SETTING THE STANDARD
September 8, 1997
Last February, President Clinton announced his support for national standardized testing, saying that uniform tests are needed to evaluate school children's abilities and compare their work with children in other countries. But with the millions of dollars needed to implement them, are standardized tests the best route to better grades? After this background report by Charles Krause, Jim Lehrer leads a debate with Secretary Richard Riley and Congressman Bill Goodling.
CHARLES KRAUSE: It was in his State of the Union address last February that President Clinton announced his proposal for national school testing.
A RealAudio version of this segment is available.
September 8, 1997:
Jim Lehrer leads a debate on national standardized testing.
August 12, 1997:
In an effort to increase test scores Chicago Public Schools are taking a look at current curriculum.
February 10, 1997:
President Clinton's agenda for his second term.
January 16, 1997:
Margaret Warner and a panel discuss a report which criticizes America's public school system.
November 21, 1996:
The NewsHour analyzes a study released that compares American eighth graders to other countries.
Browse the NewsHour's coverage of the education.
PRESIDENT CLINTON: Tonight I issue a challenge to the nation: Every state should adopt high national standards. And by 1999, every state should test every fourth grader in reading and every eighth grader in math to make sure these standards are met.
CHARLES KRAUSE: The President and his Secretary of Education, Richard Riley, say that national tests are needed to establish a uniform standard to evaluate students' abilities, also, to determine how American school children perform compared to children in other countries:
RICHARD RILEY, Secretary of Education: The world, of course, is a changing place. And the workforce of the future, these young people who are going through the school system now, are going to require a very high level of skills. The workforce of the future requires that.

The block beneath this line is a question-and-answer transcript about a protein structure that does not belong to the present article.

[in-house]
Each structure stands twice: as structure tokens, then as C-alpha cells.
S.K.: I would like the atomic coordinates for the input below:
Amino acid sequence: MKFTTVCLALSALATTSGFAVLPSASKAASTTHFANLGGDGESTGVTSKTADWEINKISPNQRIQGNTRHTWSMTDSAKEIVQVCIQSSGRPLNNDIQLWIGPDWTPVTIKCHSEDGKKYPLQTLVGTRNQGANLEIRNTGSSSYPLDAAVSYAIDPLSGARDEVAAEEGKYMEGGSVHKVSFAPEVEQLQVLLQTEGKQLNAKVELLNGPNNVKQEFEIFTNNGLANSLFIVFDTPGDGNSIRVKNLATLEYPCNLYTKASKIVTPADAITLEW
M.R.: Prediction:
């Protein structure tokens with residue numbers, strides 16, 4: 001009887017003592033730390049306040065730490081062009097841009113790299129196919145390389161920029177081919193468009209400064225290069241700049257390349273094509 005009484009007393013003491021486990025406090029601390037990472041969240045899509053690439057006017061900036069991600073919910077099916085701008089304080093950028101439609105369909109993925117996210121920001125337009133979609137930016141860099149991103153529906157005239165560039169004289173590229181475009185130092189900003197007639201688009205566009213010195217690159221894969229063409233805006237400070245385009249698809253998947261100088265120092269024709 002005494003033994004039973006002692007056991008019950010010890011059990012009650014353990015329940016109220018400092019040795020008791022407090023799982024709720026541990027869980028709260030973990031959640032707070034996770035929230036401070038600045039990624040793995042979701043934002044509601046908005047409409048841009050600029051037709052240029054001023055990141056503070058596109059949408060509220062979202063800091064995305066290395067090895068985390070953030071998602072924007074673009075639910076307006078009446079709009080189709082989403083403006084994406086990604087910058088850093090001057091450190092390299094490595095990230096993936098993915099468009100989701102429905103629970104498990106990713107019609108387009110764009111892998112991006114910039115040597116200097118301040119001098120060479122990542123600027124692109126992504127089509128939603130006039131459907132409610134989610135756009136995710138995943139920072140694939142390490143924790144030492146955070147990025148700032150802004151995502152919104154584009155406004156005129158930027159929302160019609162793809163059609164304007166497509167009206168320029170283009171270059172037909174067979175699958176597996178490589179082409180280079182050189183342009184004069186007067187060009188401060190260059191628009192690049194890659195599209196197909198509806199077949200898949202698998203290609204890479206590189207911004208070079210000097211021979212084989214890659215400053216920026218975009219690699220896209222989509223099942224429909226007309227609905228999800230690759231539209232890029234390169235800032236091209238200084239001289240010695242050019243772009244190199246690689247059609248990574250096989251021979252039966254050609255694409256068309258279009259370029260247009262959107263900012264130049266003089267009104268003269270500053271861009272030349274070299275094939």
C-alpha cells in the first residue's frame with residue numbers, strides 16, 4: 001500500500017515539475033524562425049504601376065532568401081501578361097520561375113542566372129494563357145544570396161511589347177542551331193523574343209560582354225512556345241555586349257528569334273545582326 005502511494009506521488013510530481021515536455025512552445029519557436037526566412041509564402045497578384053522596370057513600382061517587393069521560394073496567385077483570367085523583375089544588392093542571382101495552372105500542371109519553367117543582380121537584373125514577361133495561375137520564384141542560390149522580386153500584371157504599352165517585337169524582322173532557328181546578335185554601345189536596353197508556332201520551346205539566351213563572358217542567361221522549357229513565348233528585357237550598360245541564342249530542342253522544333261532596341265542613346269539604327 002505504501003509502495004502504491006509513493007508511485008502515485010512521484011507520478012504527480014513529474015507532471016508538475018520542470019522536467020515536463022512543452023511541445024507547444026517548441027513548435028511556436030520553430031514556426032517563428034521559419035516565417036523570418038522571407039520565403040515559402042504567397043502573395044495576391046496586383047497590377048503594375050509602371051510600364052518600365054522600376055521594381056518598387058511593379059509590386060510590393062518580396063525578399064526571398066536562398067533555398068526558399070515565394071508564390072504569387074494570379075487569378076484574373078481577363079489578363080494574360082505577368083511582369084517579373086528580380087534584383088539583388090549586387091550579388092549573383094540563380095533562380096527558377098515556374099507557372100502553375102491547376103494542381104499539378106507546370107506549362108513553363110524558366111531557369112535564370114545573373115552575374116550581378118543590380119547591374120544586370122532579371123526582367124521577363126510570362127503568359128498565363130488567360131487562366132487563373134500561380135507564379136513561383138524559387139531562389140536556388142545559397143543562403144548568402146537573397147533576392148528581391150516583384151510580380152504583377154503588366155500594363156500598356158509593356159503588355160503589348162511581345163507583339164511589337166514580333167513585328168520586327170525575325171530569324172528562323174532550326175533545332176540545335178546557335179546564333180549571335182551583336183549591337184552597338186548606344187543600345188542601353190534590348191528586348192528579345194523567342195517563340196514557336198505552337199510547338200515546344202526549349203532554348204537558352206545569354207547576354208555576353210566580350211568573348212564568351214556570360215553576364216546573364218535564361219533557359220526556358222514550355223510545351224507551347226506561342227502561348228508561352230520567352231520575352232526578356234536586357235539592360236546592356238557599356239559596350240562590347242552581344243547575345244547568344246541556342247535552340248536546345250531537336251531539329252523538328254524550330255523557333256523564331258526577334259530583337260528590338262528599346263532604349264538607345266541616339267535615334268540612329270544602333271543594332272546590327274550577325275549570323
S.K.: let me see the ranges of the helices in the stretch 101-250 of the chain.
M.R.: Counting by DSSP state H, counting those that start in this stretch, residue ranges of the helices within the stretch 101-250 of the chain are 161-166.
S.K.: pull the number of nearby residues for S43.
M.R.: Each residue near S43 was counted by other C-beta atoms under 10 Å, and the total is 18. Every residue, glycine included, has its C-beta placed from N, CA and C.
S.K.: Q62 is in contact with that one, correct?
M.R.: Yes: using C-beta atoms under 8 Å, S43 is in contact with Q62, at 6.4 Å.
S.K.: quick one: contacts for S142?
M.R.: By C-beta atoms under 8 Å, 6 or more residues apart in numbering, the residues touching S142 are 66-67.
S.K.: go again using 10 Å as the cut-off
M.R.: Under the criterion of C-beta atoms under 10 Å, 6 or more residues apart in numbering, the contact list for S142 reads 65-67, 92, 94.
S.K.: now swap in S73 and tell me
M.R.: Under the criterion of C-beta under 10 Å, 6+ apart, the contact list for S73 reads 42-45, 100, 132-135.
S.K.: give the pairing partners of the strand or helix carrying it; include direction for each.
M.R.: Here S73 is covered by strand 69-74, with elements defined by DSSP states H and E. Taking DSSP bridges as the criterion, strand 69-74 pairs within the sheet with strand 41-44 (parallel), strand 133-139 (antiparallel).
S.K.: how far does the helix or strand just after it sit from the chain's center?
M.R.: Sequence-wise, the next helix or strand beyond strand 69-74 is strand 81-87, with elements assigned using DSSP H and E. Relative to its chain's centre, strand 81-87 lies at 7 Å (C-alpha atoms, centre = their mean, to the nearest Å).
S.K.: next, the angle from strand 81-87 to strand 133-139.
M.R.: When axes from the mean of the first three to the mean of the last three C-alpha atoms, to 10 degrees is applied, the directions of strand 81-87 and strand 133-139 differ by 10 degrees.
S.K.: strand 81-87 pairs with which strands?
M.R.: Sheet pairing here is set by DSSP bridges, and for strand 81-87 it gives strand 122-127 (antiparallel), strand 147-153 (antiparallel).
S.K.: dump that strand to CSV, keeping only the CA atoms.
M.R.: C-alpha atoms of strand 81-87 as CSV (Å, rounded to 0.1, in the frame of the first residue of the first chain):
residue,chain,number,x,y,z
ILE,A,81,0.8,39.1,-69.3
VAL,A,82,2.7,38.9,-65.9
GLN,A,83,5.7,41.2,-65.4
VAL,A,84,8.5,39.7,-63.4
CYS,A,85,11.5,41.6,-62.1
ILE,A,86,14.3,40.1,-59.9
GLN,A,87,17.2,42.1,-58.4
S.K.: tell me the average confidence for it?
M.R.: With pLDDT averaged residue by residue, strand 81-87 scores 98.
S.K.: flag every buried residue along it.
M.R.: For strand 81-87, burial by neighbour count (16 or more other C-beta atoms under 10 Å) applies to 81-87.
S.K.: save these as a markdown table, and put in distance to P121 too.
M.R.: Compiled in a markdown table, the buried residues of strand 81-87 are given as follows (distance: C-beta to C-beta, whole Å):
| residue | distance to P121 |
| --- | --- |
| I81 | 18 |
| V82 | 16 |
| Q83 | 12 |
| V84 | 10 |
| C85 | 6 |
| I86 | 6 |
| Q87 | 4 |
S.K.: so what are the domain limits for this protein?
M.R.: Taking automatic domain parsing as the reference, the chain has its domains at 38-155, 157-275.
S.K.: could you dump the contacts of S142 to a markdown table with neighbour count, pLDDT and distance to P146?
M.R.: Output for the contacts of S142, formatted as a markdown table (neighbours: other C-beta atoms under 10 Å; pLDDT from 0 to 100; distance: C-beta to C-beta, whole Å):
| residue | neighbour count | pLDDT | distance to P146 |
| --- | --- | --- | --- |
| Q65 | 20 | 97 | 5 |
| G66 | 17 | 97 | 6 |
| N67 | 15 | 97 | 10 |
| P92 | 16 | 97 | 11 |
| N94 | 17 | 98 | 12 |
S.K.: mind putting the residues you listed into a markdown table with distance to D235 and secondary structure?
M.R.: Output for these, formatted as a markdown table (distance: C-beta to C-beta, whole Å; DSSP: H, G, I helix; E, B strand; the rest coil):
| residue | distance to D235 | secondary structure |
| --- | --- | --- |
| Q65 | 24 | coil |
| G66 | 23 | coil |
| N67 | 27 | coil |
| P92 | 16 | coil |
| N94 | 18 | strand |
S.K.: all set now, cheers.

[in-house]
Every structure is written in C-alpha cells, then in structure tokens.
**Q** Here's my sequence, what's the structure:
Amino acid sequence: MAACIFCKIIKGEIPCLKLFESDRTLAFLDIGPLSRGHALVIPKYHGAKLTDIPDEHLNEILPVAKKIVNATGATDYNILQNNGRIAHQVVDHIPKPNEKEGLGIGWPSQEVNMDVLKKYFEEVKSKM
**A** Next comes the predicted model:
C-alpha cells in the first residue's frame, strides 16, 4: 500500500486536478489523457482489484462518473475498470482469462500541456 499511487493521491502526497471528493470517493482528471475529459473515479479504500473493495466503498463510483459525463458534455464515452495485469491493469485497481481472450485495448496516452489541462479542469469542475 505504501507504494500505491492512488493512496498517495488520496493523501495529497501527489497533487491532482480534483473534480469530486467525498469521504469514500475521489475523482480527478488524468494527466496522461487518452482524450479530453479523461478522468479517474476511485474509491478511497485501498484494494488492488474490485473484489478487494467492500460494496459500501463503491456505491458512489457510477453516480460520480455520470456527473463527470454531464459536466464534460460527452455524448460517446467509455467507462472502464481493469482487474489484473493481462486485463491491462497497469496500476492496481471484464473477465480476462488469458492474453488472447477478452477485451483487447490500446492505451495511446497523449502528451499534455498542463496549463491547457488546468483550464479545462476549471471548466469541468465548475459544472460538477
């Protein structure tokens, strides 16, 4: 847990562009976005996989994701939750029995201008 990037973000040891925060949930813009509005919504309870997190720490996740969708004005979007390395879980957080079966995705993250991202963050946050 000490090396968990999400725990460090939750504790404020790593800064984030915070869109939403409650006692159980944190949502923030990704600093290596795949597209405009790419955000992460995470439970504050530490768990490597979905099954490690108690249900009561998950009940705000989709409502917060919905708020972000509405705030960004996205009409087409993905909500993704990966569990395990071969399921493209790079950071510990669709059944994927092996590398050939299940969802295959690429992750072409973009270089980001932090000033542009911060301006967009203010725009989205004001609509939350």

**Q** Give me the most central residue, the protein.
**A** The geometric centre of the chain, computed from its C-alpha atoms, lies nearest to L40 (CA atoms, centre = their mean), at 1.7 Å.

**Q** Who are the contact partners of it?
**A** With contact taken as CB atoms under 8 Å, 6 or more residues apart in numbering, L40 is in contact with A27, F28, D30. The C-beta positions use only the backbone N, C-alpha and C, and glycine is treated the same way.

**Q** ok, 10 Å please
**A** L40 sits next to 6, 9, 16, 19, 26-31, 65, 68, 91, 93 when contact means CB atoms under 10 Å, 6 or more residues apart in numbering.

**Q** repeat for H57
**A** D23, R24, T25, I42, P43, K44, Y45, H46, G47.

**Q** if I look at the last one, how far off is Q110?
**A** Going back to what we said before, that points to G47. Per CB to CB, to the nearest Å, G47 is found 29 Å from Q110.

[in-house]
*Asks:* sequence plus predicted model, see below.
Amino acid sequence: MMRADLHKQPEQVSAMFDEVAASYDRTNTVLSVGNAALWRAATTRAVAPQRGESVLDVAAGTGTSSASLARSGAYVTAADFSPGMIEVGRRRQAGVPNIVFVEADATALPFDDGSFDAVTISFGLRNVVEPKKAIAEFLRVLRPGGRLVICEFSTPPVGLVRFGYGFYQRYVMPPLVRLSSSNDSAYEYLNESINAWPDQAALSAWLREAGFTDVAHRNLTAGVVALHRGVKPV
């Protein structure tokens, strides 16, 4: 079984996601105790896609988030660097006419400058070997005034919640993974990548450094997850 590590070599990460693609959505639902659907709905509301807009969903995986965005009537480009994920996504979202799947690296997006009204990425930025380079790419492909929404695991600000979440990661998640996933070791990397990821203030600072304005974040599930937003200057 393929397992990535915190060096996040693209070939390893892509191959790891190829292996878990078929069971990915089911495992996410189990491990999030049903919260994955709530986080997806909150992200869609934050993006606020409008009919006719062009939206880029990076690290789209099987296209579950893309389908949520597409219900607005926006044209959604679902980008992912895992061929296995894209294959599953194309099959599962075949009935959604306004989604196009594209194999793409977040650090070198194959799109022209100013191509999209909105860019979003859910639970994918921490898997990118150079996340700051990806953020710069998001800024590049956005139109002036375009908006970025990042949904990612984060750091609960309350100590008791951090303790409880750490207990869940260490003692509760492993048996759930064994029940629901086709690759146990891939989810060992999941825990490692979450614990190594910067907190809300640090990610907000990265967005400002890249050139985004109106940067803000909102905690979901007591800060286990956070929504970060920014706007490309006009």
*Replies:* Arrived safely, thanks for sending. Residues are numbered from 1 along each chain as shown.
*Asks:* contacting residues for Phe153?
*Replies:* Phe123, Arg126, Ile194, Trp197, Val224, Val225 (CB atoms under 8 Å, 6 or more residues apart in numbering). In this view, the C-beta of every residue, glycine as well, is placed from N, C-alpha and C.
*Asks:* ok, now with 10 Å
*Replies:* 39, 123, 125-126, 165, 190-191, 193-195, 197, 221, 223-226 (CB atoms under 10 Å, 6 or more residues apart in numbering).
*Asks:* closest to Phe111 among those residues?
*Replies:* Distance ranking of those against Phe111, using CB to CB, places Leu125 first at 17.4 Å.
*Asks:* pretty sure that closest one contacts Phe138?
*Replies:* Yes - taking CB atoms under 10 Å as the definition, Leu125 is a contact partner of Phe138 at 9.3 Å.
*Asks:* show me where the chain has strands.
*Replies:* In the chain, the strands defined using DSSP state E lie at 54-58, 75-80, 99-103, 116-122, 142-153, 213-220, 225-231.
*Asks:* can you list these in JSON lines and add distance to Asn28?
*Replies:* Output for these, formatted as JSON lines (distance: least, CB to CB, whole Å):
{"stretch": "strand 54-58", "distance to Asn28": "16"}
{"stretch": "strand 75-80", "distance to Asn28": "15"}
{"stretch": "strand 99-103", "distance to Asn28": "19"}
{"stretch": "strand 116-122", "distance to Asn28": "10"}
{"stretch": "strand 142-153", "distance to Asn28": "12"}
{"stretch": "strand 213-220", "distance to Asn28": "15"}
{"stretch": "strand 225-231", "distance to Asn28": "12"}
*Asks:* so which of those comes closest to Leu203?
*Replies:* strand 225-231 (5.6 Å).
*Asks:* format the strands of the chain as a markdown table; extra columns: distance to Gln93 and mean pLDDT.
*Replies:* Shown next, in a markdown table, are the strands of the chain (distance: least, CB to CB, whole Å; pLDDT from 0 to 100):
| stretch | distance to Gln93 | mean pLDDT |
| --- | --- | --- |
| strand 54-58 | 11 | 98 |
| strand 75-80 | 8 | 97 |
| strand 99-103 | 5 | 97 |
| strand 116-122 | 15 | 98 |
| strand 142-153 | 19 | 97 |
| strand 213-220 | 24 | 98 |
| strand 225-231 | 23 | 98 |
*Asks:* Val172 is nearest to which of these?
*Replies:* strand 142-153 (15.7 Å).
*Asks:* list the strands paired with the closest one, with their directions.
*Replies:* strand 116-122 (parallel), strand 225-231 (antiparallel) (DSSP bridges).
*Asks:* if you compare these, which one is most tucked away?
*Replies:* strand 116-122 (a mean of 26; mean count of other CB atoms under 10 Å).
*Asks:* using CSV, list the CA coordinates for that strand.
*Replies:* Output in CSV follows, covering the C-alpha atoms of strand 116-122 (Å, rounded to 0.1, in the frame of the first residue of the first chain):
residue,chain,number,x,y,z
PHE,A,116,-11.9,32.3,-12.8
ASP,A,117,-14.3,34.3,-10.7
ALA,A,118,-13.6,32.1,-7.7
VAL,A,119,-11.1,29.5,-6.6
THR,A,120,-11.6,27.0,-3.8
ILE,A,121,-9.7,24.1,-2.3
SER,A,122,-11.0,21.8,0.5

CHARLES KRAUSE: The Department of Education is spending $15 million this year to develop the standardized tests--money that opponents of the tests say Congress should have approved first. Nonetheless, the President has asked for another $16 million for next year. The standardized tests will not be mandated by the federal government. It will be up to each state or local school district to decide whether or not it wants to administer them. Since the President's address in February, seven states--Massachusetts, Kentucky, Maryland, Michigan, North Carolina, Alaska, and West Virginia--have indicated they will use the tests. Fifteen big-city school districts, including New York and Los Angeles, have also responded favorably.
But the administration's proposal has run into a barrage of criticism from the Republican leadership, who say that the projected yearly cost of $96 million to administer the tests is exorbitant. House Speaker Newt Gingrich said last week that parents already know how schools are failing and need vouchers or tax breaks instead to give their children a private or parochial school education. Rep. Bill Goodling is the Republican chairman of the House Education and Workforce Committee and a former teacher. He testified last week before the Senate Appropriations Committee.
REP. WILLIAM GOODLING, Chairman, Education and Workforce Committee: We are told that 50 percent of our 17-year-olds do well in mathematics and science, do well in reading. That means 50 percent do not do well. Who are those 50 percent? Those 50 percent are the same 50 percent of students and parents who have been told after test, every standardized test, every Iowa test, every California test, every classroom test, and they've been told the same thing over and over and over again--your children are doing poorly, your children are doing poorly. Now, we're going to spend $90 million more to tell them your children are doing poorly. And what these parents are saying and these children are saying, "Don't tell us we're doing poorly one more time, with one more test. Tell us as a matter of fact what is it you're going to do to help us."
CHARLES KRAUSE: Goodling has introduced an amendment to a spending bill on education that would prohibit the Department of Education from spending any money to develop the tests. For its part, the education department has urged the President to veto the spending bill if Goodling's amendment passes. In his speech today at a Maryland elementary school, Clinton took aim at political opponents of his testing proposal.
PRESIDENT CLINTON: This should be something that has nothing to do with party politics. I think every American--Republicans, Democrats, Independents--should favor high standards. I think people from all backgrounds should want all of our children to learn at a high level.
CHARLES KRAUSE: Besides Republicans, some liberal Democrats and civil rights groups, such as the National Association for the Advancement of Colored People, also oppose new national tests. They argue that standardized tests could hurt poor and minority children, since they would be held back by poor scores and thus stigmatized by failure.